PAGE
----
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Sunday, June 6, 2010

AFDOC 22: FINISHED

The first revision of many, many to come is finished! I feel like I gave birth to triplets this past week - exhausted, exhilirated, exposed. I guess the downtime I had last week was a subsconscious time of rest for the final push. Never have I been more determined to get something to its conclusion. But least I get caught with my rose-colored glasses growing to my face, I know the REAL work is just beginning - lots to cut, polish, add, and clarify - but I have 547 pages of novel with my name on it!!!!! No one - not the most evil editor in the world - can take that away. Remind me I wrote that last sentence when I'm mired in disillusionment a year from now trying to find an agent and a publisher.


I have taken many creative classes in the university setting, on-line, in small mentoring groups, etc. but absolutely nothing prepared me for the actual work. No teacher or class or group or whatever could possibly have shown me what I was too naive to learn. You have got to do it, and as Darnell Arnoult, author of Sufficient Grace, taught in a workshop: once you finish writing your book, it's time to study writing in earnest and read as many how-to-write books as you can get your hands on. All the classes and notes and excercises come together after you've written the book. It finally begins to make sense.


Now, don't misunderstand me. You need to study the craft of writing, so you have a meaningful plot {mine came to me five years into the writing of the book which also happened to Faulkner, V. Wolfe, and R. P. Warren, so I'm in good company.} Add to that knowing POV, the King's English, grammar and punctuation, how to cast your characters, and so forth which are must knows before you start, or your revisions will take longer than writing the book. I recently read that S. King writes a 150 page or so outline before he starts a book, then just fills in the blanks. I wondered if he started that way. That would have been impossible for me this first go around.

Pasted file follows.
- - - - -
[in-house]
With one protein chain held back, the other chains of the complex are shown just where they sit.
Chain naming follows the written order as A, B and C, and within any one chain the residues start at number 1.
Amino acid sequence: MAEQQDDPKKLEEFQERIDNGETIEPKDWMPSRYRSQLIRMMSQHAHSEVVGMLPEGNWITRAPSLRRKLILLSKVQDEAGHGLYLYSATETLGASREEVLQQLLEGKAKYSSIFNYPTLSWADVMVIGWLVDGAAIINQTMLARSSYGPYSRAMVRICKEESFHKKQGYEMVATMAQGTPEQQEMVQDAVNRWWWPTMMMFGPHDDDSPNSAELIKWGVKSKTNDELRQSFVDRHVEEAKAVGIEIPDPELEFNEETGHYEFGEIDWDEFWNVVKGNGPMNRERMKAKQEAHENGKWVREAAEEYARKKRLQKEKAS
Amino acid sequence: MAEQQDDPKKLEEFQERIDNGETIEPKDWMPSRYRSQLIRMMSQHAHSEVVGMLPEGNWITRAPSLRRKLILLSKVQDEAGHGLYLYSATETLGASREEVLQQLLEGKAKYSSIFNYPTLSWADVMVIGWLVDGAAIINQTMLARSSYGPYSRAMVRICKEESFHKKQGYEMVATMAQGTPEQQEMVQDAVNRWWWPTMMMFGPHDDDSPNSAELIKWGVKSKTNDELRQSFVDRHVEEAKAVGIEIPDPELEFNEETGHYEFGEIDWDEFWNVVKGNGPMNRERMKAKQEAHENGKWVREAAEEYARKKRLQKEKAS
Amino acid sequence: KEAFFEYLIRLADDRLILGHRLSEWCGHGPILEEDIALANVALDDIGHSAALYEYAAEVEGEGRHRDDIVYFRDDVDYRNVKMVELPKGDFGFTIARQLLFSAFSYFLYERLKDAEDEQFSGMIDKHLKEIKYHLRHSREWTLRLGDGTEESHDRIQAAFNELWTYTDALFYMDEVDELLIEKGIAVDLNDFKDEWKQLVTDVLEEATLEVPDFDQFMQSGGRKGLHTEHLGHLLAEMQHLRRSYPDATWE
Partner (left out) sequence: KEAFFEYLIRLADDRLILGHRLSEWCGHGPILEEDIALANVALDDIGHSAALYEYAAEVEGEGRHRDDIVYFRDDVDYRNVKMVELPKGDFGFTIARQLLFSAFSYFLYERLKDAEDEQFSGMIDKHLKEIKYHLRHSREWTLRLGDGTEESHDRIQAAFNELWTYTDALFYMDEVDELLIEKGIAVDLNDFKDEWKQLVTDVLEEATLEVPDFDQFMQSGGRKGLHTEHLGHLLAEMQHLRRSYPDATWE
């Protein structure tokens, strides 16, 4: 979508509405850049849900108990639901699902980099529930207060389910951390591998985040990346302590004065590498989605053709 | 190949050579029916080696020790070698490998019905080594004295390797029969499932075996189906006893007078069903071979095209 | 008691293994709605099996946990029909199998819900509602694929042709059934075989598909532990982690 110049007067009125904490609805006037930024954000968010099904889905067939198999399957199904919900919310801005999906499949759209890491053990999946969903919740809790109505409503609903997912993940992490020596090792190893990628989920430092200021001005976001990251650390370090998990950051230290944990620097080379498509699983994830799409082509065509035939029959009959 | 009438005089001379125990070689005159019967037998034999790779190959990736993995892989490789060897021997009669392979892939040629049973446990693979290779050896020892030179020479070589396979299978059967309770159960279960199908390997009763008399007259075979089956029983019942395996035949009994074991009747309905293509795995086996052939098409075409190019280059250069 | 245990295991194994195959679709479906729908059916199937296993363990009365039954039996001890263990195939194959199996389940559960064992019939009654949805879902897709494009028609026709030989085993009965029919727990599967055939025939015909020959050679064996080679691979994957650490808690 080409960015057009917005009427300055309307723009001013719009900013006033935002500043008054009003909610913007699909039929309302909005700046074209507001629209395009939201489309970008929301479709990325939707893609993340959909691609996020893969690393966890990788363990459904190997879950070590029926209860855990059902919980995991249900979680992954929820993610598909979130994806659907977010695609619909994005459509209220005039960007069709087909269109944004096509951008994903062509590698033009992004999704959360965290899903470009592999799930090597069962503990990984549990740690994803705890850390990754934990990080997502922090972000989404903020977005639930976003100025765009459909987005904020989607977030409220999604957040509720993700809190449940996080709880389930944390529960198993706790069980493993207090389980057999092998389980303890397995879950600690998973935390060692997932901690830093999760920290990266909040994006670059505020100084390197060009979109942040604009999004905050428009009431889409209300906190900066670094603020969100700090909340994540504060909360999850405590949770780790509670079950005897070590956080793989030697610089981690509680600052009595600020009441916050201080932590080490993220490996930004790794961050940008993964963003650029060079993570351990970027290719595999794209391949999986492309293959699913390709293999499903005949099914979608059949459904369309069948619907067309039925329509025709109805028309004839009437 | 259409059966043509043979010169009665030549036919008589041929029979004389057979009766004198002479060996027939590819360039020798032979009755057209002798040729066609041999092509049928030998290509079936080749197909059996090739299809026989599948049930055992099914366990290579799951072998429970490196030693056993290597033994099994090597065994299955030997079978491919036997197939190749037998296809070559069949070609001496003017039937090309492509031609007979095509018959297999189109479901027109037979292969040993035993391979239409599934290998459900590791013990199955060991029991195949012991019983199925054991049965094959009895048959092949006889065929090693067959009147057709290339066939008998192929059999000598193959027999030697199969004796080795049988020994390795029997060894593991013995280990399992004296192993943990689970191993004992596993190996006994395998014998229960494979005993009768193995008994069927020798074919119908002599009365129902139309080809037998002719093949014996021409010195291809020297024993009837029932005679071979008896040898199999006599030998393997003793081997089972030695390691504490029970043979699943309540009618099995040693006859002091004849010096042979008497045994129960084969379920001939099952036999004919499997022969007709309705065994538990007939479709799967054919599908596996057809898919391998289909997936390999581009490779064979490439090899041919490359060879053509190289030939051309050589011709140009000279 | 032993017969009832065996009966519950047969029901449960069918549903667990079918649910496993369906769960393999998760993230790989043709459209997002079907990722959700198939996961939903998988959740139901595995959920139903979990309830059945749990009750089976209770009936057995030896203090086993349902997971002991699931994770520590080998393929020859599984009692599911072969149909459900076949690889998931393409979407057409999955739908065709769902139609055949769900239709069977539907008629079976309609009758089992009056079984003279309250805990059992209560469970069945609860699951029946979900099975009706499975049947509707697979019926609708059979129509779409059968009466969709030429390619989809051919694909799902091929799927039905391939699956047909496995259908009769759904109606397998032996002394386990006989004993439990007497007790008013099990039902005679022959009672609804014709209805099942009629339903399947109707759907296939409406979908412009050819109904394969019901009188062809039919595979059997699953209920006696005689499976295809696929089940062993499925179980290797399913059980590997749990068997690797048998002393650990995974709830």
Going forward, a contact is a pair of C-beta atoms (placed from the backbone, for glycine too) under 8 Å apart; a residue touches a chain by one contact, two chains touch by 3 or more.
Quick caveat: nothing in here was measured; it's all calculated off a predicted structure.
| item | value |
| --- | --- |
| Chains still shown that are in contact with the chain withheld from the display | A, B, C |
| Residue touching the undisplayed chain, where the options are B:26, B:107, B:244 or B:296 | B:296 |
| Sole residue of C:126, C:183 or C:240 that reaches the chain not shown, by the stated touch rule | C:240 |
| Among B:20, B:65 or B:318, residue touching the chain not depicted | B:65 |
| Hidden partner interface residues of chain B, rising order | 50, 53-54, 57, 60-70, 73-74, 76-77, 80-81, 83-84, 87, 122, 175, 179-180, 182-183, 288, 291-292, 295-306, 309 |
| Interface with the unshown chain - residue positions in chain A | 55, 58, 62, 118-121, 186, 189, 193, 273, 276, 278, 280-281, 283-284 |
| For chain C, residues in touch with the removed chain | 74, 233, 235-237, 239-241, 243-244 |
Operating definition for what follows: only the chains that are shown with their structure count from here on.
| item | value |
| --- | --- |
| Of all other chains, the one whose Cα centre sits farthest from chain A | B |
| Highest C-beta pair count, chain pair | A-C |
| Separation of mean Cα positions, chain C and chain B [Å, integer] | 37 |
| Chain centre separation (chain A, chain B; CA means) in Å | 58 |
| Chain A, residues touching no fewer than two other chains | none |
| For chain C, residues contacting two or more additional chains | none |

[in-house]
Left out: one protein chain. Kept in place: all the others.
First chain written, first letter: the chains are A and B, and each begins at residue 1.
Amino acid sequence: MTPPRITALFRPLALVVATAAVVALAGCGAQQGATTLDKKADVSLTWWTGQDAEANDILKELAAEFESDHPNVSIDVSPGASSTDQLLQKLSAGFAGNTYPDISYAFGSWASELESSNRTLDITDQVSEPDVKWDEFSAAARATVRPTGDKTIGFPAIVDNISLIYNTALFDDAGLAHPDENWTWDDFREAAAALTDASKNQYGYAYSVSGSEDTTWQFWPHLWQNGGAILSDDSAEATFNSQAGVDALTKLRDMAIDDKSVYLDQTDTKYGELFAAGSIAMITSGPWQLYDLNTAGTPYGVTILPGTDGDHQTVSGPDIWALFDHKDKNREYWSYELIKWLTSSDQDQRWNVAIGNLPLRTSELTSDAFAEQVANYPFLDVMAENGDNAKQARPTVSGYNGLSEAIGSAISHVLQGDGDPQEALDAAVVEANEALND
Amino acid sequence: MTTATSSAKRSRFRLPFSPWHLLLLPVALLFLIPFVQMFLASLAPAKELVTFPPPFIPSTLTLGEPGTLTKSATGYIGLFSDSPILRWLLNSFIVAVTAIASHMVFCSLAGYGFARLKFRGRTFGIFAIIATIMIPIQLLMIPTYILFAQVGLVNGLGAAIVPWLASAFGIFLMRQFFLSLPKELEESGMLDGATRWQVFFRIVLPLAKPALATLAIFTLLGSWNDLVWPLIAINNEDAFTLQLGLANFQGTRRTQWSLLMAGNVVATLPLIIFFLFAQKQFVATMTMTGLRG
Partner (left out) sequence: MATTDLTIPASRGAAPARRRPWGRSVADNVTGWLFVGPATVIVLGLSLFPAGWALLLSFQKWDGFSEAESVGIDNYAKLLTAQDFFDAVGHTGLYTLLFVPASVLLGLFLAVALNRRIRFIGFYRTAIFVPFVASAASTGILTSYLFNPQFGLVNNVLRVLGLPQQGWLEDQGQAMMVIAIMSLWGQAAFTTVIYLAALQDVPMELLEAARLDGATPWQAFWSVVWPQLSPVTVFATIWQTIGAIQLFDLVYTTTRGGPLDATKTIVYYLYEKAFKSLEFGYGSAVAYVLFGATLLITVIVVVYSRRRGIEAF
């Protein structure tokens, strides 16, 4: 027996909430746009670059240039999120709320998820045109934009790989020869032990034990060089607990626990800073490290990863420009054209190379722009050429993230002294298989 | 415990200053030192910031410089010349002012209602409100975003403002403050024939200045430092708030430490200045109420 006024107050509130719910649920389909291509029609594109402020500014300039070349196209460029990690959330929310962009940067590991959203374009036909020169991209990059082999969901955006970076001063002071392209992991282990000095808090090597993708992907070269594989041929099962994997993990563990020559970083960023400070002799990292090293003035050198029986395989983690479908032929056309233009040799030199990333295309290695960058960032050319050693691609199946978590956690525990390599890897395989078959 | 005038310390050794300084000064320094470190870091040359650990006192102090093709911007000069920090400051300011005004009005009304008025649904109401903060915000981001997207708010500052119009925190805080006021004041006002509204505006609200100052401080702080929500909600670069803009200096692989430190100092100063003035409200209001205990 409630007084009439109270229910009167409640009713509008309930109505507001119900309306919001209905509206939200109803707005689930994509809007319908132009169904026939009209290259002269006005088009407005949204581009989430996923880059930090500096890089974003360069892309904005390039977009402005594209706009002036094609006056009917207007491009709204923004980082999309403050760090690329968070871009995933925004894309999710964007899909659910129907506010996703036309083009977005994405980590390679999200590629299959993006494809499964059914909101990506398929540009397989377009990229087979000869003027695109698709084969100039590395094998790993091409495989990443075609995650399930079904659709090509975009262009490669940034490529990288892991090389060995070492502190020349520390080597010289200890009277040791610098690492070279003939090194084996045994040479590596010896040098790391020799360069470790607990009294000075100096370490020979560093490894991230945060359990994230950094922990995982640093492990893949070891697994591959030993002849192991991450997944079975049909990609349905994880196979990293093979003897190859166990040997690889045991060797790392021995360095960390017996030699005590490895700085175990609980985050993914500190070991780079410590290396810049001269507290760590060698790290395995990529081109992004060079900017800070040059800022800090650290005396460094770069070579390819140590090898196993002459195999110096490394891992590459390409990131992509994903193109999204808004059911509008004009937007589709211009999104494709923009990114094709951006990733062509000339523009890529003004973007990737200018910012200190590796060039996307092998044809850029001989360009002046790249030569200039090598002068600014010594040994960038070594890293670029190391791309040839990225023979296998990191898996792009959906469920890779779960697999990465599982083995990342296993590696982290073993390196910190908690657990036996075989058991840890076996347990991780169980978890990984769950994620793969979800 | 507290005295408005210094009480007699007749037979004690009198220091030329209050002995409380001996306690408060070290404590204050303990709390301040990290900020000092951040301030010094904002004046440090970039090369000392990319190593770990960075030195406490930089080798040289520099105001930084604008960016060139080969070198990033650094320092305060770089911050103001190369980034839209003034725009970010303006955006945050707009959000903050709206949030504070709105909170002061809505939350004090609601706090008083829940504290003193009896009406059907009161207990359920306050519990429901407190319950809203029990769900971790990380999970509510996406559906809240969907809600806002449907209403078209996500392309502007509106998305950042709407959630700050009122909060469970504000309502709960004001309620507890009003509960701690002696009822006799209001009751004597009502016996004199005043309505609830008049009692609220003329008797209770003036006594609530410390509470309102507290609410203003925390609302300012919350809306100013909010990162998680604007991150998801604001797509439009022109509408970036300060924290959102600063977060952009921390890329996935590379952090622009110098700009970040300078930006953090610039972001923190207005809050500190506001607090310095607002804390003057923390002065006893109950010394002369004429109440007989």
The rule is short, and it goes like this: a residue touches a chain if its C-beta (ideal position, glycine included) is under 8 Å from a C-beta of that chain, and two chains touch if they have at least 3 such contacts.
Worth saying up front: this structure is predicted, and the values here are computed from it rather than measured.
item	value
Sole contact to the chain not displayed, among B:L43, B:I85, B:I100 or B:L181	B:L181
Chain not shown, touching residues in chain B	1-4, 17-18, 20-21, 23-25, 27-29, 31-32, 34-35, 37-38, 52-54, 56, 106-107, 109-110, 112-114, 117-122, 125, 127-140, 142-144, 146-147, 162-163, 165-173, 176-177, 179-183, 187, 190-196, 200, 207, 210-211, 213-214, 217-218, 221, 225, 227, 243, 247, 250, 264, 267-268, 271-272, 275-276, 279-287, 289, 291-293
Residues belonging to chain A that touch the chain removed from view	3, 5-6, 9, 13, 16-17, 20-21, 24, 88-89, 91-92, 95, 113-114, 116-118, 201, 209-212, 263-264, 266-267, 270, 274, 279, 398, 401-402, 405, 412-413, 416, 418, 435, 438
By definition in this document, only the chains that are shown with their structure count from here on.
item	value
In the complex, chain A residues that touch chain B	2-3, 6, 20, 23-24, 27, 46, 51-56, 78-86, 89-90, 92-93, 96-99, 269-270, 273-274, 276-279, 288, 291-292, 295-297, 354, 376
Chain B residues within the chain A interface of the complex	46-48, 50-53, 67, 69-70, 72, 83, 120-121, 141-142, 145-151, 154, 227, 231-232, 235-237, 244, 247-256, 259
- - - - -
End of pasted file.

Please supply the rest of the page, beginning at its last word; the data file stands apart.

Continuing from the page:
I did some outlining, defined character traits for the main characters {thanks Tracy for a cheat sheet of an easy way to do that,} did an enormous amount of research on the fifties, and did a chronological outline since I knew the story would cover one year, but otherwise I followed my Writing Angel and wrote what she told me and always {well almost} always in Caroline's voice. That's pronounced Caro - line (as in a line of diagolue), and I wrote some days like a madwoman {cj's term.} I'm pretty sure I've graduated from Tinker Toys to an Erector Set.


So right now I'm feeling cocky on the outside and a little squeamish on the inside, but I know, absolutely know, I can do this.

Now, if someone will publish it. Have a producive week writing. Mahala

1 comment:

  1. Congratulations on finishing the first revision! I love your comments on how much you learn about writing in the actual doing of it. So true, so true.

    Good luck on the next rewrite. I know you can do it, too!

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